David Drumm has ended his fight against extradition and is to return to Ireland to face Anglo Irish Bank-related charges.

The former Anglo Irish Bank CEO told a court in Boston he no longer wished to waive his right to challenge the extradition request from the Government to face the 33 charges.

A US Magistrate Judge has now signed off on his extradition, and once it is certified by the US State Department, Mr Drumm will be escorted back to Ireland.

The 49-year-old former banker was arrested at his home in Wellesley, Massachusetts last October and has been held in prison in the US ever since, as he sought to fight the extradition.

It is expected to take a number of weeks to complete the legal process before Mr Drumm returns to Ireland.

His lawyers asked the court that he be allowed to complete his family's Green Card application process first.

He will remain in the custody of the US Marshals until the process is complete and members of An Garda Síochána arrive in the US to escort him back to Ireland.

Mr Drumm arrived into the courtroom accompanied by US Marshals wearing green coloured prison attire and cuffed at the wrists and ankles.

Unlike previous appearances when the courtroom has been filled with his family and dozens of supporters, none of those were present.

Judge Donald Cabell asked Mr Drumm a number of questions to ensure that he realised the  meaning of waiving his right to challenge the hearing, and there would now be no examination to determine whether there was probable cause that he had committed the offences he is charged with.

Mr Drumm said he understood and agreed, in accordance with the details of an affidavit which he had provided to the court.

In the affidavit Mr Drumm said he consented to a finding that probable cause existed that he had committed the offences as charged, but said he was doing so because such a finding was necessary for the extradition to continue, but notes that he has and will continue to contest the charges.

In court the Judge also asked him if he understood by waiving his right to that extradition probable cause hearing, which had been scheduled for 1 March, he was hastening his extradition.

Mr Drumm said he did.

Judge Cabell also asked both sets of lawyers if they were happy that there was an extradition treaty between Ireland and the US, and that the offences he is accused of constitute extraditable offences, to which they both agreed.

Judge Cabell said he was satisfied Mr Drumm understood the impact of waiving his rights and was prepared for results.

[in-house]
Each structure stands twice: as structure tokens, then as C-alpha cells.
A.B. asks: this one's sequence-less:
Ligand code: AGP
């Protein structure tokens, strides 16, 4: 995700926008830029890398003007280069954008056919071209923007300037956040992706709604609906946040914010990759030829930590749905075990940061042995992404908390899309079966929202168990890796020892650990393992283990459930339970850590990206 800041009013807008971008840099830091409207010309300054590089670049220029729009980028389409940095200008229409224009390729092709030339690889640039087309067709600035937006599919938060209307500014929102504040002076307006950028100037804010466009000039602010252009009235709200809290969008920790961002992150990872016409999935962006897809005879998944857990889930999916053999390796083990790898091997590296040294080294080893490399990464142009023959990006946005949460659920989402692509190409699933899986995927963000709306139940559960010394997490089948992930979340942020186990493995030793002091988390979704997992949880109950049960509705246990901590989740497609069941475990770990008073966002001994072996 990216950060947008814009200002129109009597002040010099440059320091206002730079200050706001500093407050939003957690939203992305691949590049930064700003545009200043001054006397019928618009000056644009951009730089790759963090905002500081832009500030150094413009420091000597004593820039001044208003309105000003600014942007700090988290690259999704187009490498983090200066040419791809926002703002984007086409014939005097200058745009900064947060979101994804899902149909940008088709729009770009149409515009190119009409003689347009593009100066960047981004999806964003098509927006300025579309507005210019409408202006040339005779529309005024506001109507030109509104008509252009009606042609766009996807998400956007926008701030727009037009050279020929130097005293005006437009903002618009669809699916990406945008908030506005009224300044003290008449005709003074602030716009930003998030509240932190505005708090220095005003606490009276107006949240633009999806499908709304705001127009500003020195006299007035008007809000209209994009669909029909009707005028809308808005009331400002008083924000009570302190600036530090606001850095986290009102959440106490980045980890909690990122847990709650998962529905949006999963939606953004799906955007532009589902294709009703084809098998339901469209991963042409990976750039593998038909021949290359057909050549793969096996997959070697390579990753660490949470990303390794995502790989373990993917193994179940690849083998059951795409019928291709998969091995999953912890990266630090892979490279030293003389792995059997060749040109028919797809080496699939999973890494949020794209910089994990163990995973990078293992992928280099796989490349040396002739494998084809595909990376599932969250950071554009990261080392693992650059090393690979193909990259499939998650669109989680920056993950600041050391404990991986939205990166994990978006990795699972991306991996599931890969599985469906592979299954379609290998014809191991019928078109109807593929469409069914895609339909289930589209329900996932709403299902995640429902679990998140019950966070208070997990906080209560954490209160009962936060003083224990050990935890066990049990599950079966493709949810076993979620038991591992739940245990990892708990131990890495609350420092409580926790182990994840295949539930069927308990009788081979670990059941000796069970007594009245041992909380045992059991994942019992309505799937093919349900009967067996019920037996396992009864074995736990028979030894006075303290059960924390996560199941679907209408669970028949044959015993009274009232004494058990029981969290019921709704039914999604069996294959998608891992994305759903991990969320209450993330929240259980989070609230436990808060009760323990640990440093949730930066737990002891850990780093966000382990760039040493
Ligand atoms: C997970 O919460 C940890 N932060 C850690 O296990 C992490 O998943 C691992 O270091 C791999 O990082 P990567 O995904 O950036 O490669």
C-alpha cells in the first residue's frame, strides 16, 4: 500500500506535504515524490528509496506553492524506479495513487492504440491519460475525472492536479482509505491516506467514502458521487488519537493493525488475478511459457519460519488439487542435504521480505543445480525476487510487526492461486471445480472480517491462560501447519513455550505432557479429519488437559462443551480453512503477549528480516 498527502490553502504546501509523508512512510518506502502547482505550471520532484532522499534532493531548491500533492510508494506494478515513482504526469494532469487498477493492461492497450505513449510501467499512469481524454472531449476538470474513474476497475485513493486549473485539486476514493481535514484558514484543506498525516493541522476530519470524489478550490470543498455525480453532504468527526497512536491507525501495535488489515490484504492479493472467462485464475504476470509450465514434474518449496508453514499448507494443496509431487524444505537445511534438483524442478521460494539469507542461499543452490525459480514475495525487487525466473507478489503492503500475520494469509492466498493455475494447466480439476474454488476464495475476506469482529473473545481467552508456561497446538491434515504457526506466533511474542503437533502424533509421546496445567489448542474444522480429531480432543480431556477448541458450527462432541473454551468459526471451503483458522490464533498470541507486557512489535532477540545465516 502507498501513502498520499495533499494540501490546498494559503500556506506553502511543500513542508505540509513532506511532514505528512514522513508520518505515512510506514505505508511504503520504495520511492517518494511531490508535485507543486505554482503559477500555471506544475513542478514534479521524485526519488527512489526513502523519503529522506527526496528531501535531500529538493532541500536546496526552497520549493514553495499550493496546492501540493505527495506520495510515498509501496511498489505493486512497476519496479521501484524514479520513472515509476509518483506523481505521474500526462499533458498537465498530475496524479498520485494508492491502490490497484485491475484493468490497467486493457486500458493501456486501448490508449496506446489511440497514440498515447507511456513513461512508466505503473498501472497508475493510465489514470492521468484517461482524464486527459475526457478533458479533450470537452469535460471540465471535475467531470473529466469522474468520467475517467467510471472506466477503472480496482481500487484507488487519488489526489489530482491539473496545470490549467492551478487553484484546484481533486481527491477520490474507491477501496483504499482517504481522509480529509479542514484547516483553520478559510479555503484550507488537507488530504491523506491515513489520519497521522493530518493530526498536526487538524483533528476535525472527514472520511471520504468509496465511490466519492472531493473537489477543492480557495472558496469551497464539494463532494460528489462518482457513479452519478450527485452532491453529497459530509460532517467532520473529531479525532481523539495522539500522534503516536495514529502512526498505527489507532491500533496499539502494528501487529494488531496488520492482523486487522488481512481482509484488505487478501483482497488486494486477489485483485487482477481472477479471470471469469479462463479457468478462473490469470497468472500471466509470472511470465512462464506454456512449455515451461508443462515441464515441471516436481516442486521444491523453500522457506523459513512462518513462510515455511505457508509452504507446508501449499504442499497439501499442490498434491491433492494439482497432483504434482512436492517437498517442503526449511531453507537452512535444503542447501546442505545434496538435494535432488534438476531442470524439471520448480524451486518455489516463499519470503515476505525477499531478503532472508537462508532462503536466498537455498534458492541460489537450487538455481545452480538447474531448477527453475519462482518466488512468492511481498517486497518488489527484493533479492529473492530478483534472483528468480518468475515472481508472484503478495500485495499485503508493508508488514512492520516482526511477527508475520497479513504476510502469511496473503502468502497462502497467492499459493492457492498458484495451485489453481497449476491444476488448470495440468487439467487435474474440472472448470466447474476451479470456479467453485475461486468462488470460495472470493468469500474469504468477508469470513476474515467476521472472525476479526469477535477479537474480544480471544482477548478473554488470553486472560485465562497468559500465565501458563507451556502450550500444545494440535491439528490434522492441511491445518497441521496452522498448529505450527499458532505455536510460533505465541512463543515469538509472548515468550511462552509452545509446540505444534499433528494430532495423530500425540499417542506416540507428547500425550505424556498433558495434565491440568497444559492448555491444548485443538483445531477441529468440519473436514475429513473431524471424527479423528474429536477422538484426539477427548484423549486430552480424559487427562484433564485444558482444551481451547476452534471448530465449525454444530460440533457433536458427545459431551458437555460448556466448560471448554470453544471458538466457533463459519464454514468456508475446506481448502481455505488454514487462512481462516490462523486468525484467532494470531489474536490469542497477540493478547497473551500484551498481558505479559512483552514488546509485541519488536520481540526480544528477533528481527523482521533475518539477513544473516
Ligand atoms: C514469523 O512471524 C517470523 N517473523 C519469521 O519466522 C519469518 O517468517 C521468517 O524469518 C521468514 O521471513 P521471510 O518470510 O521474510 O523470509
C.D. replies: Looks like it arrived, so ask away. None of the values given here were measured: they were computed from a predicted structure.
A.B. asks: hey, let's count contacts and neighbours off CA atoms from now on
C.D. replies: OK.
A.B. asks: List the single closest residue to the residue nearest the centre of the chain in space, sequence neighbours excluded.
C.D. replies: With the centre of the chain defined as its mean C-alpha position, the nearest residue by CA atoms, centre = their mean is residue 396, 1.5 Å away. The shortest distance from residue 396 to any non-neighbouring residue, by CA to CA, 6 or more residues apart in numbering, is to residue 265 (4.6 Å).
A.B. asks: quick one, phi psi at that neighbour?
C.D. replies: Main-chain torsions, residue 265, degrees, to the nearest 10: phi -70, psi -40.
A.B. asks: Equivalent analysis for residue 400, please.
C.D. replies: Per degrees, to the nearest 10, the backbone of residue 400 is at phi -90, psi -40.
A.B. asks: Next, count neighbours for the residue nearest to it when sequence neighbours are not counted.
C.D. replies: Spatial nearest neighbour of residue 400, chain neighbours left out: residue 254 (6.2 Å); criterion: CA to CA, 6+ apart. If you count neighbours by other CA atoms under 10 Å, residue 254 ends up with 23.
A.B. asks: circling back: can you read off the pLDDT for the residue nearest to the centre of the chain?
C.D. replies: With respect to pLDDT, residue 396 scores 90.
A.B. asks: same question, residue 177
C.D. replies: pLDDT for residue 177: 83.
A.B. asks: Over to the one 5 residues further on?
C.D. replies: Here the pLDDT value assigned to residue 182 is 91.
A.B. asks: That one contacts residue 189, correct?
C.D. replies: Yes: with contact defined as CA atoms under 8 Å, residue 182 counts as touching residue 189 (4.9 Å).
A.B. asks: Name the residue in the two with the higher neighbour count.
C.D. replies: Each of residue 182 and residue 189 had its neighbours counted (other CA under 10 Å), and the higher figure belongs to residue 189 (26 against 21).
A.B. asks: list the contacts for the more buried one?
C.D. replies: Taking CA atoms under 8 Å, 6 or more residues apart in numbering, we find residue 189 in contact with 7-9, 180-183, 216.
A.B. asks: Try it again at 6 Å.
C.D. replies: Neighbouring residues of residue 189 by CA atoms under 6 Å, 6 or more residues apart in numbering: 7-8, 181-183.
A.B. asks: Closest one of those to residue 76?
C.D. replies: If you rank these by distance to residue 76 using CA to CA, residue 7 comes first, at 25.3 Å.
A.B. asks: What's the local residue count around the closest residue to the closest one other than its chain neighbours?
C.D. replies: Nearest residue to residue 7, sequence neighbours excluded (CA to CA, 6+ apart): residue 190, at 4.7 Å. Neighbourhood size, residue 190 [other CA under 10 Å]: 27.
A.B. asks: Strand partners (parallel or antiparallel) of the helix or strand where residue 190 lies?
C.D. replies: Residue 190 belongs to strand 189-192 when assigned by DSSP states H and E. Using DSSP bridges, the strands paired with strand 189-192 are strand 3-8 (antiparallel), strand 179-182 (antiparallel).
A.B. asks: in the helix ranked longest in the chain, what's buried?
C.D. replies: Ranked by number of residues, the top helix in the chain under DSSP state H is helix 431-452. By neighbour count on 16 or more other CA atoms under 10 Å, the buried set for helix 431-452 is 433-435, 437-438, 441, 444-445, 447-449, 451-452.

He said he was prepared to endorse the extradition warrant and signed it in court.

He has since also signed a certificate of extraditability which now allows Mr Drumm's case to go forward to the US State Department for further certification.

A legal process will take place now that could take some weeks to complete before Mr Drumm arrives in Ireland.

The court also heard that Mr Drumm, his wife and daughters are currently applying for a green card and have received an appointment time to attend the US Immigration service’s facility in Boston to provide their biometric details - eye scan, fingerprints and signature.

Mr Drumm's lawyers asked the court's permission to keep the case open and delay the extradition, if necessary, until he has attended at the immigration facility so that application can continue.

Judge Cabell said he would keep the case open until Mr Drumm had left the country.

The hearing, already postponed from Monday following snowstorms in Boston, was initially delayed for over half an hour as Mr Drumm's lawyer Daniel Fetterman and the Assistant US Attorney Sarah Walters held a conference in the Judge's chamber.

David Drumm faces 33 charges in Ireland relating to his time in charge at Anglo Irish Bank.

Of those charges, 31 relate to the so-called Maple Ten transactions where ten individuals were each loaned €45 million to secure Anglo's tumbling share price and two other charges relate to the back-to-back transactions between Anglo and Irish Life and Permanent designed to bolster the bank's books.

The offences fall into six categories including charges relating to forgery and falsifying documents, conspiracy to defraud, giving unlawful financial assistance for share-purchasing purposes, false accounting practices, and the disclosure of false or misleading information to the stock exchange in a management report.

The charges carry prison sentences ranging from a maximum of five years in prison, up to an unlimited term of imprisonment.

A family member told RTÉ News that Mr Drumm was anxious to return to Ireland so he could begin mounting a defence against those 33 charges and try to prove his innocence rather than spending several years challenging the extradition in the US.

Mr Drumm feels that he cannot begin to clear his name while still in the US.

Mr Drumm intends vigorously defending the charges in Ireland, and has outlined some defences in previously filed court documents and court hearings, namely that he was acting under the regulator's so-called 'Green Jersey Agenda' at the time.

Mr Drumm has previously questioned the timing of his extradition request and subsequent arrest so near to the General Election.